This guys is great and has me more than ready for summer time bluegill fishing.
No turkeys gobbling in the woods this weekend so we hunted mushrooms instead. We had a nice haul of morels and pheasantback mushrooms which made a great dinner Sunday evening. If you are going hiking and spending time outdoors this time of year, I may be able to help you find some delicious spring delicacies…
- They are found next to fruit trees and (dead) elm trees.
- Elm trees have shaggy and craggy bark.
- Elm trees are commonly afflicted with Dutch elm disease. As its name implies, the disease only affects elm trees, and if you find one you are likely going to find morels.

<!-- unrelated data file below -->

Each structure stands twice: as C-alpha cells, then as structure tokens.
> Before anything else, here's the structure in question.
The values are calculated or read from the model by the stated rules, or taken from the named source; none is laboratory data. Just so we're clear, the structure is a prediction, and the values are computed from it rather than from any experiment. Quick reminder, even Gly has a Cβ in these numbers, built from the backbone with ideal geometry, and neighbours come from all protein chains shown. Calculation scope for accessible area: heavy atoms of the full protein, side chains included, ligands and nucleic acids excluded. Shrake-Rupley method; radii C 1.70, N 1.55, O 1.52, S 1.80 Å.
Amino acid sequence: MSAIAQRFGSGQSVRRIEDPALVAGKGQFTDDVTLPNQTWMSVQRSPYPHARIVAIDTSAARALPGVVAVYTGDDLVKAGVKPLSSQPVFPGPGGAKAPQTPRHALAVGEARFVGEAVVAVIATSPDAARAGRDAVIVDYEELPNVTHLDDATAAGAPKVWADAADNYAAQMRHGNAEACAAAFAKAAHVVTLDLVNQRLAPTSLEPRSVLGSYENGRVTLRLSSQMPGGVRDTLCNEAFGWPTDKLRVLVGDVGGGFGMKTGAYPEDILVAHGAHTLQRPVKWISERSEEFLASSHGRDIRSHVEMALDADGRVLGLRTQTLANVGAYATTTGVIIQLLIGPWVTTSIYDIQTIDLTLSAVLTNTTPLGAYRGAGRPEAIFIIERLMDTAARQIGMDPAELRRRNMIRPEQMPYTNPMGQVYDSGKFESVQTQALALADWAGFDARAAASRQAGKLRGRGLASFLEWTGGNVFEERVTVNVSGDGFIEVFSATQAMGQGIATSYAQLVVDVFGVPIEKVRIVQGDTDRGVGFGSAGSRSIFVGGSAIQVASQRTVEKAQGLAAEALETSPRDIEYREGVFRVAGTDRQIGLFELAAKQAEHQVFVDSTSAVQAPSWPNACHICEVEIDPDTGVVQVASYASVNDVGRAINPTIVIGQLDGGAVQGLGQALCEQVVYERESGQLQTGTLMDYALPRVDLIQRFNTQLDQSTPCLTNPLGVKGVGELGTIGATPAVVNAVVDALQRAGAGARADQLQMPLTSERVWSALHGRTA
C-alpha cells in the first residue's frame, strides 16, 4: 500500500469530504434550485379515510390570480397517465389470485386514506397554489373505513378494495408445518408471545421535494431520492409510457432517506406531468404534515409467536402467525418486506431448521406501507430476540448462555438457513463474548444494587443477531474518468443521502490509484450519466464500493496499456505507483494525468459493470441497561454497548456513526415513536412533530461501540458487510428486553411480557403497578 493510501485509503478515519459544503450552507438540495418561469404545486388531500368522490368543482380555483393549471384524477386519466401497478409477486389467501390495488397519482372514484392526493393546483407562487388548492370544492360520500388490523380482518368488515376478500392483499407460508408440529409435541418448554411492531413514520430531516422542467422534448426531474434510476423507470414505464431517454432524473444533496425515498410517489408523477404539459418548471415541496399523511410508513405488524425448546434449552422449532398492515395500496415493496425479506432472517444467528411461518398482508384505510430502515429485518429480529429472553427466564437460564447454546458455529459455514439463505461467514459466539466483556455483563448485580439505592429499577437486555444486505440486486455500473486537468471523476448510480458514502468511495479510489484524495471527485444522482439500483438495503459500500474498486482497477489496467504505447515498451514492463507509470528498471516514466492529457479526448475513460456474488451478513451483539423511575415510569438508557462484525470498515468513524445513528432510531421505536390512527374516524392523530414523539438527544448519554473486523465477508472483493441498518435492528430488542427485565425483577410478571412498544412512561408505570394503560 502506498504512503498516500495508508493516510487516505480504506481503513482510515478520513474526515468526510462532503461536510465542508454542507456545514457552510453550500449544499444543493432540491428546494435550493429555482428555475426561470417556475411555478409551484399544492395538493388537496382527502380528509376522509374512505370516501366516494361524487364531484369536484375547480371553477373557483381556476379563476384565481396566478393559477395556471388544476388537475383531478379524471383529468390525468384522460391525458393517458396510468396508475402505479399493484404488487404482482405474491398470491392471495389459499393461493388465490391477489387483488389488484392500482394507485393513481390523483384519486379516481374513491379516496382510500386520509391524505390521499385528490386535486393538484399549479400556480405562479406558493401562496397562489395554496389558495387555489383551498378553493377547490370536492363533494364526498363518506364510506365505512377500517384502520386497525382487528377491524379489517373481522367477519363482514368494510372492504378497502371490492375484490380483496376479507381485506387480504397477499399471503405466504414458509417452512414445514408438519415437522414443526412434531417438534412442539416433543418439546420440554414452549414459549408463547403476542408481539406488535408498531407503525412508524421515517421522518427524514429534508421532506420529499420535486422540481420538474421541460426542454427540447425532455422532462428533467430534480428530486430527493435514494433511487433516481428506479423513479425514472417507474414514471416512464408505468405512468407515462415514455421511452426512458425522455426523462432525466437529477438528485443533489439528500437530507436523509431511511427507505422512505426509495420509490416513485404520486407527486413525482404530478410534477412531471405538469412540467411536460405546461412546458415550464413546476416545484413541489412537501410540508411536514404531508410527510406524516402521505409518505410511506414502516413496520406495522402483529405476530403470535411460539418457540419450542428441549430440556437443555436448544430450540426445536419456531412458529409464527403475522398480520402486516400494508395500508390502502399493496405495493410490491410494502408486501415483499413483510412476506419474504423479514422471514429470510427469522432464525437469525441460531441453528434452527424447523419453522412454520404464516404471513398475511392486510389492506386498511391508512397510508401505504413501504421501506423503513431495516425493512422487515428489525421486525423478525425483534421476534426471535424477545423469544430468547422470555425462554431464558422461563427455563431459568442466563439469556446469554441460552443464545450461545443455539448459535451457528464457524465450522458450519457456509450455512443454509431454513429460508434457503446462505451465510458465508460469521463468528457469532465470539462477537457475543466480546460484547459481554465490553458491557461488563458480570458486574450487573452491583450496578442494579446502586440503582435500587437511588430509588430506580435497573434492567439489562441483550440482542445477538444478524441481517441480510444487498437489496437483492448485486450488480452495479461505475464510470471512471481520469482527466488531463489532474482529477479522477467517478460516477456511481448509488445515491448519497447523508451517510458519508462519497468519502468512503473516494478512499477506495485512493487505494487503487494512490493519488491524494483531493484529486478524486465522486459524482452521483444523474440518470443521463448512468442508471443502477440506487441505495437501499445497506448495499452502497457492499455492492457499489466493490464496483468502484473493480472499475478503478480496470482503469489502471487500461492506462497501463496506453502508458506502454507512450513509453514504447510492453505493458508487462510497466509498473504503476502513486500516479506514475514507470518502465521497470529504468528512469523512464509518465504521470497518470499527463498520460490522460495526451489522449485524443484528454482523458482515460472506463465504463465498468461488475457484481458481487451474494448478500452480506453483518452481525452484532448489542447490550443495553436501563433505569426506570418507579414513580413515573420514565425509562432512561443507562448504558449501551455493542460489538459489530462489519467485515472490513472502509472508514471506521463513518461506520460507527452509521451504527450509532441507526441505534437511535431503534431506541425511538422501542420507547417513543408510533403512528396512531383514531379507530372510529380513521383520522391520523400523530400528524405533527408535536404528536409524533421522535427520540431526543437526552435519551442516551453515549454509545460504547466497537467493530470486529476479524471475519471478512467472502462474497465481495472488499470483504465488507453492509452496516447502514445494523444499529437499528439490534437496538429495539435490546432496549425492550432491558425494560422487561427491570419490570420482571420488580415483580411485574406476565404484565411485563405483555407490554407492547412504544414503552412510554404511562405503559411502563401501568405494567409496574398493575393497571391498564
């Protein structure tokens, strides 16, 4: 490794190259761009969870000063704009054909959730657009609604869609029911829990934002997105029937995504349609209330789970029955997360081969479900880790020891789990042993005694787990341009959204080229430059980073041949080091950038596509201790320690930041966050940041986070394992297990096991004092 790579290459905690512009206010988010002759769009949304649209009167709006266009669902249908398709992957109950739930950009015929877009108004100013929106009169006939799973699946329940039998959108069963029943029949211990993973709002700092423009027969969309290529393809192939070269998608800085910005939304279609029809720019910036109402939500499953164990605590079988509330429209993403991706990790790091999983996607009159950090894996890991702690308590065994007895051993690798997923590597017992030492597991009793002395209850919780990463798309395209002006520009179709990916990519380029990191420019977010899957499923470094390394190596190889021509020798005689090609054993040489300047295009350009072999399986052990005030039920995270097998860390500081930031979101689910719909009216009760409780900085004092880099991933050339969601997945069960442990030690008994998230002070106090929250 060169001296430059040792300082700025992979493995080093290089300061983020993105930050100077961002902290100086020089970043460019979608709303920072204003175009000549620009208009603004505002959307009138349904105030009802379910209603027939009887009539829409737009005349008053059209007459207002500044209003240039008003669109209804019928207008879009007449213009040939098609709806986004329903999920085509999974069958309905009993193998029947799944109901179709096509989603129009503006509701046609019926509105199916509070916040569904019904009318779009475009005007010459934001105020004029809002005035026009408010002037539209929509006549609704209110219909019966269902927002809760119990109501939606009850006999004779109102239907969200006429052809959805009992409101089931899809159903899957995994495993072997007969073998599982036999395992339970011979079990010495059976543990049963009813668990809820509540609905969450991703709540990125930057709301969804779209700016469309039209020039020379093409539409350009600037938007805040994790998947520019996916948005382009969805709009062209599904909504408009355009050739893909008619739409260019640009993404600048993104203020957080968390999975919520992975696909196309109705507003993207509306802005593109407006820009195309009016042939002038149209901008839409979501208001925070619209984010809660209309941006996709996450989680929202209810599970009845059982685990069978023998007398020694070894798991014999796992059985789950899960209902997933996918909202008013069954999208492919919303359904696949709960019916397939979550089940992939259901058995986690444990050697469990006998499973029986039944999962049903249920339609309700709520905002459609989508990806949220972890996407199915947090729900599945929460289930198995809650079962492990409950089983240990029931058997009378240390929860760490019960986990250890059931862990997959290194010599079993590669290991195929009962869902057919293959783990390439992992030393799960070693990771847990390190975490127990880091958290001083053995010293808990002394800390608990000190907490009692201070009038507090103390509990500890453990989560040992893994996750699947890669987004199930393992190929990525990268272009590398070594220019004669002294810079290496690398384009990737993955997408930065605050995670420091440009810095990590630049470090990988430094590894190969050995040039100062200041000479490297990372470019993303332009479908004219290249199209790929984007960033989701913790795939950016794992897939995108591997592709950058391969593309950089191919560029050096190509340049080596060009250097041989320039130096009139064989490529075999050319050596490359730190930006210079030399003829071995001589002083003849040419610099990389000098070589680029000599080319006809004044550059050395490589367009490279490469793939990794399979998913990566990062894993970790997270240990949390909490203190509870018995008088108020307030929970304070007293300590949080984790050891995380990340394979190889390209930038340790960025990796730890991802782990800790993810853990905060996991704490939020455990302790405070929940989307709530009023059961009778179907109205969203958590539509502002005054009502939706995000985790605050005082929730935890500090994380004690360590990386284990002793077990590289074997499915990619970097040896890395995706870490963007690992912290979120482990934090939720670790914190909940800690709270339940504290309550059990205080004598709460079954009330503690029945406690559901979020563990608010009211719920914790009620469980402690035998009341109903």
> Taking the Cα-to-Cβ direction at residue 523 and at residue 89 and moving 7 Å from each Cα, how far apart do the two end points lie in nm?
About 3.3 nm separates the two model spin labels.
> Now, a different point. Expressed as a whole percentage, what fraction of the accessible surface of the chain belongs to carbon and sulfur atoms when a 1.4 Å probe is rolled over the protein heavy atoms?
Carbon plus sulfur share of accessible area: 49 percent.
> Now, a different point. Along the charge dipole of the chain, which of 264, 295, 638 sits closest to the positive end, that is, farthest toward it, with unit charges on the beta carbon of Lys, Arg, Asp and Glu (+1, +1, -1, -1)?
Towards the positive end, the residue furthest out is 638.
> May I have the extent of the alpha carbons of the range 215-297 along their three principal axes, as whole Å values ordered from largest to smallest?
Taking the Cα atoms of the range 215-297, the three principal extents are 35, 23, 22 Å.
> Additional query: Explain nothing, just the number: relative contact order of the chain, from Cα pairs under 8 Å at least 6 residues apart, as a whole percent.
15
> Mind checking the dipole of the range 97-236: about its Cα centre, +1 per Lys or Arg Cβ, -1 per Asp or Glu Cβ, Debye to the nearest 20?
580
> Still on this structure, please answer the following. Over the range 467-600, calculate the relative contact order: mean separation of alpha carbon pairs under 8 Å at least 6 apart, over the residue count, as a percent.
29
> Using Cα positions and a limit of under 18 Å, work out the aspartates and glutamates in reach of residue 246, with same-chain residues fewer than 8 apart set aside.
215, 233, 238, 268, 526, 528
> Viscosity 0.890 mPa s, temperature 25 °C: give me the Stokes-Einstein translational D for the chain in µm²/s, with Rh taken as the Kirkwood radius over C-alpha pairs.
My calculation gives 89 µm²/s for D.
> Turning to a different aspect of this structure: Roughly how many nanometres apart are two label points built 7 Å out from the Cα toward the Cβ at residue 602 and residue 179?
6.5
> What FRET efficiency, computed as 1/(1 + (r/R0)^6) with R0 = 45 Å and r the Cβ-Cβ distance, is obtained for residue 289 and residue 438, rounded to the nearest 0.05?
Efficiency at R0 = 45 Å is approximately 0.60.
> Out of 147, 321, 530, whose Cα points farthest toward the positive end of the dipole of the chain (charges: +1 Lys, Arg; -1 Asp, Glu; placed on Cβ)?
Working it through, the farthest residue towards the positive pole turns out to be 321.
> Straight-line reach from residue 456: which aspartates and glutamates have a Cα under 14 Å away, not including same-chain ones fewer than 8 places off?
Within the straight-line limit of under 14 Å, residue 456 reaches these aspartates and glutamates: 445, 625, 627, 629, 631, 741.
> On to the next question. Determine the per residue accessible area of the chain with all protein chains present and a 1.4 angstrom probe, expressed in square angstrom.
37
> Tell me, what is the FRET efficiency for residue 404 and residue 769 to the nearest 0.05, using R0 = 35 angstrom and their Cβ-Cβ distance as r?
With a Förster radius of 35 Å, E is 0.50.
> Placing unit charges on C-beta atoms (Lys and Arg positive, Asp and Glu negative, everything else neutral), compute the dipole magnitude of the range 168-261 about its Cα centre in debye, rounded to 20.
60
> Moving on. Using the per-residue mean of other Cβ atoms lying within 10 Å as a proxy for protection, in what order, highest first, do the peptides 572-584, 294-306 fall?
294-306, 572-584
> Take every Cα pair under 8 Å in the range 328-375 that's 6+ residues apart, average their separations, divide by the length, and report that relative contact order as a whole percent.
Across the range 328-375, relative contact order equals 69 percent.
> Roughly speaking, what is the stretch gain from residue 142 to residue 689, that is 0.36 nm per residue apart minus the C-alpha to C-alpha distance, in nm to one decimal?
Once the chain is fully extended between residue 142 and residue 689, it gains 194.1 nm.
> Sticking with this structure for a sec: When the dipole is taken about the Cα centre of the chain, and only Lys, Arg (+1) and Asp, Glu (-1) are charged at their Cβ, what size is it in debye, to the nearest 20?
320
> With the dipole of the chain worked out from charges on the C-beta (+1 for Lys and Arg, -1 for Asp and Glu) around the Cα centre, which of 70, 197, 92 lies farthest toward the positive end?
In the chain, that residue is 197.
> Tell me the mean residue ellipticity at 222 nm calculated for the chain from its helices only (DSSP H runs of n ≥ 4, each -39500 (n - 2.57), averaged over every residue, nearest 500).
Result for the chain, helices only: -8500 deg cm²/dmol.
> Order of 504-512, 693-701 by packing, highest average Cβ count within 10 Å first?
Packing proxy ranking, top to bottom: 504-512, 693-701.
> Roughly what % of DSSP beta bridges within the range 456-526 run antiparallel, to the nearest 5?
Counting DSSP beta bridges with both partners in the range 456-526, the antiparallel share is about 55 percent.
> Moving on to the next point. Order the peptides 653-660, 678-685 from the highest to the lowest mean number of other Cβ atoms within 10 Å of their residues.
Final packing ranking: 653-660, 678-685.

- Bring a knife and cut the mushroom just below the cap.
- This allows the mycelium (the roots) of the morels to stay in place and provide more mushrooms for years to come.
- Morels are hollow inside.
- Double check they are hollow before eating.
Pheasant’s Back (Dryad’s Saddle) Mushroom
- These grow on various very dead hardwoods (especially elm).
- A tree lying on the ground is your best bet.
- Wet areas seem to produce more.
- Most importantly your knife needs to be able to pass through it very easily. Whatever the knife cuts easily is likely to be good. Sometimes just the outer edges are usable but nice
This is the most detailed video on how to pluck, prepare, and then cook a Woodcock in the traditional way–cooked with the guts left in and with the head left on. This is a much prized game bird, both sporting and culinary wise, a rare top quality product. The filming shows every step up close and in immense detail to achieve a fantastic traditional roasted Woodcock.